A curated feed of cardiovascular articles and posts
Stay up-to-date on the latest opinions, trends, and issues in cardiovascular healthcare with MedAxiom’s weekly blog posts. New posts every Thursday.
Thursday, October 19, 2017 | Larry Sobal | 0 Comments
Wednesday, October 11, 2017 | Larry Sobal | 0 Comments
Downsizing has become a regular part of health care these days as hospitals and health systems seek to shed expenses in response to declining (or negative) margins. At a minimum, there is an intense scrutiny on labor costs and it often seems as if “per FTE” has become the predominant metric of success. It is true that the payer mix has shifted, once profitable volumes (e.g. open heart, SPECT and diagnostic cath) have declined, and the rewards that come from providing “value” are still not being financially rewarded to any large degree. But does that mean that the opportunities for growth are nonexistent? Larry Sobal says, “Not at all if you are willing to take a more imaginative view of your growth options as you begin to finalize your 2018 strategy.” Read Larry’s ideas on how to achieve the greatest growth opportunities for heart programs in 2018.
Thursday, October 5, 2017 | Larry Sobal | 0 Comments
Larry Sobal interviews Advanced Practice Provider (APP) expert Ginger Biesbrock about the opportunities to advance the Quadruple Aim of health care, including increasing ROI, through team-based care and APP optimization.
Thursday, September 28, 2017 | Larry Sobal | 0 Comments
What hasn’t gotten much press lately is something all physician and hospital leaders should pay close attention to; there are comments coming from the White House hinting that changes to CMMI may be in the works. In Larry’s opinion, changing the CMMI has the potential to be as interesting, far-reaching and polarizing as the ACA repeal and replace political stalemate, if not for the American population then for health care industry professionals.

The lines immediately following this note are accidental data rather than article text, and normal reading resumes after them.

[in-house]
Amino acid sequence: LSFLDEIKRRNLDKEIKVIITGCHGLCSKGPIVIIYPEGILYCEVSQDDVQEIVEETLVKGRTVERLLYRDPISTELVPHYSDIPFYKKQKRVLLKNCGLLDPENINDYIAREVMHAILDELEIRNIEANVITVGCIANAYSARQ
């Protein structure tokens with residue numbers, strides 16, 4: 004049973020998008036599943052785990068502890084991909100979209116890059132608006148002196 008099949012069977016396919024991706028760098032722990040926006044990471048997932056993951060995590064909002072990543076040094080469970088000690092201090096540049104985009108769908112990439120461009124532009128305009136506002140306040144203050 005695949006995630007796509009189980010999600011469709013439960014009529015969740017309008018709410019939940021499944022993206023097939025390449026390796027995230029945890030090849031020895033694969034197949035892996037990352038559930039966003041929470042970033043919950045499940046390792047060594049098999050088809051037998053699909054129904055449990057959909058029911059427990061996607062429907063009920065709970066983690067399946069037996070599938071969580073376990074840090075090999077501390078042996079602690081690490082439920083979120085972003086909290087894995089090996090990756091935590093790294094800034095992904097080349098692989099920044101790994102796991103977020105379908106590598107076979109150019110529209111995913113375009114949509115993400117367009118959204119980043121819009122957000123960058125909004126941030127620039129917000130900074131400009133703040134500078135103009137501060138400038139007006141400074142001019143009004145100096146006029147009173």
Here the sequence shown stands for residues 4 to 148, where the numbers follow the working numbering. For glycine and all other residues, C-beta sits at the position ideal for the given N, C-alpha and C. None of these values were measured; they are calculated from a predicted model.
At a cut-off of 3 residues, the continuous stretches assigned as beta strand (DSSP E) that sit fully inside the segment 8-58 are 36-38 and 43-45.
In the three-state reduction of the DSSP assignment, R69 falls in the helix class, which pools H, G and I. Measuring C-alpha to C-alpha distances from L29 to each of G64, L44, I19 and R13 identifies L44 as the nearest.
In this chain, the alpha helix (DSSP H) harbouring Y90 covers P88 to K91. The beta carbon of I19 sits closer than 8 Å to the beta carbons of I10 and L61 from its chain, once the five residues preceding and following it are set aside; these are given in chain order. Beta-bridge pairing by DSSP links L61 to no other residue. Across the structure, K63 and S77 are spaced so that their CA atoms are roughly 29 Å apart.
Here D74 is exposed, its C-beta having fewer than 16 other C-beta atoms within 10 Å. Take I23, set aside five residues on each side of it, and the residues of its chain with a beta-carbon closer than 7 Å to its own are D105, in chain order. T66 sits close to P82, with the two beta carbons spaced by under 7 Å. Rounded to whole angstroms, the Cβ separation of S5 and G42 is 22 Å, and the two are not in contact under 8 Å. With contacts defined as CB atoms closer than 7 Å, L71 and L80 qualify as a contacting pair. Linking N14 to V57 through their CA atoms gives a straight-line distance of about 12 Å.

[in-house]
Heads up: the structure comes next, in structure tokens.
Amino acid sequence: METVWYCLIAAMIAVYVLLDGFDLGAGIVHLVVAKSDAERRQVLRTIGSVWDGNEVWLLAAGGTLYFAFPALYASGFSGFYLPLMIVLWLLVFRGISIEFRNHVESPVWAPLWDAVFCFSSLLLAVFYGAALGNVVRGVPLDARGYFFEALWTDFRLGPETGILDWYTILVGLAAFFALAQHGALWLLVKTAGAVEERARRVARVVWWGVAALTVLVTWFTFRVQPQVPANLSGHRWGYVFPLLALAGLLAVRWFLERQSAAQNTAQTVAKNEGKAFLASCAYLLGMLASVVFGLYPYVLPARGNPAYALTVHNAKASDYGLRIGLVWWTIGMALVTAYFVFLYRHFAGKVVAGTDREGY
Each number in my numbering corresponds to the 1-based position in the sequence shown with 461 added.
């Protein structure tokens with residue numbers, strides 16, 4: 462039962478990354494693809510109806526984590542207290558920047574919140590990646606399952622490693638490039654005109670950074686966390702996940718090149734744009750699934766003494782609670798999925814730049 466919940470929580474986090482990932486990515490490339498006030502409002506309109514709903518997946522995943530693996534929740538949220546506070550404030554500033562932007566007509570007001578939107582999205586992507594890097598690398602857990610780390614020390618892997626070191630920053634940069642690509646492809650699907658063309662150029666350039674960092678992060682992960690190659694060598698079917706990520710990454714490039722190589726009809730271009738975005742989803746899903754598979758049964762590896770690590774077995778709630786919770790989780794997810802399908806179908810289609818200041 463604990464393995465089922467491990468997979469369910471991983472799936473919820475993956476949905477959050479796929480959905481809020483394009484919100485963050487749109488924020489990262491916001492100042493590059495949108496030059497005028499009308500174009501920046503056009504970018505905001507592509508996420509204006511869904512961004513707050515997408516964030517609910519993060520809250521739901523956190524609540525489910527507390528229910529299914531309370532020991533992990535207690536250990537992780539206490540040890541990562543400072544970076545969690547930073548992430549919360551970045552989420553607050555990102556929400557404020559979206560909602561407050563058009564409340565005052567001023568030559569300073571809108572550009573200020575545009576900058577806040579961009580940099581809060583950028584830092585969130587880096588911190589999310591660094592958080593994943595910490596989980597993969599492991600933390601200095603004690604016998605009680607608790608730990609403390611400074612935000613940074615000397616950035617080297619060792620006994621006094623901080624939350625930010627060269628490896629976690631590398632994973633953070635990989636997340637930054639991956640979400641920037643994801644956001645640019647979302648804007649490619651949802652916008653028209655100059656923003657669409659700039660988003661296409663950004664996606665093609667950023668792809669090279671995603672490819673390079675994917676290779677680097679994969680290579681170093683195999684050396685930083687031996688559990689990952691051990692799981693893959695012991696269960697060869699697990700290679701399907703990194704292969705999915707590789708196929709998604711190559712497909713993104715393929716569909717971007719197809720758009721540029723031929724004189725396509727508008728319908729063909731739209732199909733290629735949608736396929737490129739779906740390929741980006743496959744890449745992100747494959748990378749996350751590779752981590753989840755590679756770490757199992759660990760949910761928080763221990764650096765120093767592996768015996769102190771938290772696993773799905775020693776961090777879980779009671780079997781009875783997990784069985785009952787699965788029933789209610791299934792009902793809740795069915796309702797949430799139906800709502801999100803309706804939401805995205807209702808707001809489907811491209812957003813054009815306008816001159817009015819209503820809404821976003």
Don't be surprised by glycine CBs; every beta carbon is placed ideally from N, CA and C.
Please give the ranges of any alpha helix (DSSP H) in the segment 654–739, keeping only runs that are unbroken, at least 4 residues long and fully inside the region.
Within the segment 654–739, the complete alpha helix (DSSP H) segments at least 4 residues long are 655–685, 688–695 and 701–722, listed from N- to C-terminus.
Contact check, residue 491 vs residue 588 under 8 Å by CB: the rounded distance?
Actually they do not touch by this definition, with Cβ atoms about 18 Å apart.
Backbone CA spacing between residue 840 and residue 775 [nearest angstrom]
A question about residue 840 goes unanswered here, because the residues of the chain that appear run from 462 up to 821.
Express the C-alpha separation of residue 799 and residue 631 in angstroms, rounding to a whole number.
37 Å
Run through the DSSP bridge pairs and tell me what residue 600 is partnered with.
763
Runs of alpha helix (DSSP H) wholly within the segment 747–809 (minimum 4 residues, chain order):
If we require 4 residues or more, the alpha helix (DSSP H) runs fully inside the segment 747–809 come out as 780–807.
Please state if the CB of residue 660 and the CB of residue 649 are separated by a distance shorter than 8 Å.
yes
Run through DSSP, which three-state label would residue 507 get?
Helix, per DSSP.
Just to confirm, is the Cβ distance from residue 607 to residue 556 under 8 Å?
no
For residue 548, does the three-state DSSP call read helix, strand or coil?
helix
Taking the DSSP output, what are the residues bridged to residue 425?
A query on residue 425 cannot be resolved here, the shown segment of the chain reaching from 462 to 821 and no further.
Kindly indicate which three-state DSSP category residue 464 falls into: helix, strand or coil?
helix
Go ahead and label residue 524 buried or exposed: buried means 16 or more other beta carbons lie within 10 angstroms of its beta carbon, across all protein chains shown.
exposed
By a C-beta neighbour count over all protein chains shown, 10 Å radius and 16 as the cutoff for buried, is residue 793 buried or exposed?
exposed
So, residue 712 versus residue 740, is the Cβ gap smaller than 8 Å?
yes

Thursday, September 21, 2017 | Larry Sobal | 0 Comments
Lack of prioritization has tremendous implications for your organization, namely that you may be unintentionally making it an unhealthy organization, either culturally, financially or both. If you are going to make a real attempt to set priorities, pay careful attention to the opportunity costs of what you won’t be able to do. They may outweigh any benefits of the priority you are trying to accomplish. It could be that the opportunity cost of what you are not getting done outweighs what you are getting done.
Thursday, September 14, 2017 | Larry Sobal | 0 Comments
When it comes to strategic planning, there will always be more good ideas than there is the capacity to execute them. In order to achieve something you have never achieved before, you must do things you have never done before. This requires a combination of disciplined focus, behavioral change and utilizing different leadership approaches. Larry offers a variety of proven prioritization tips to help health care organizations actually accomplish measureable and meaningful change.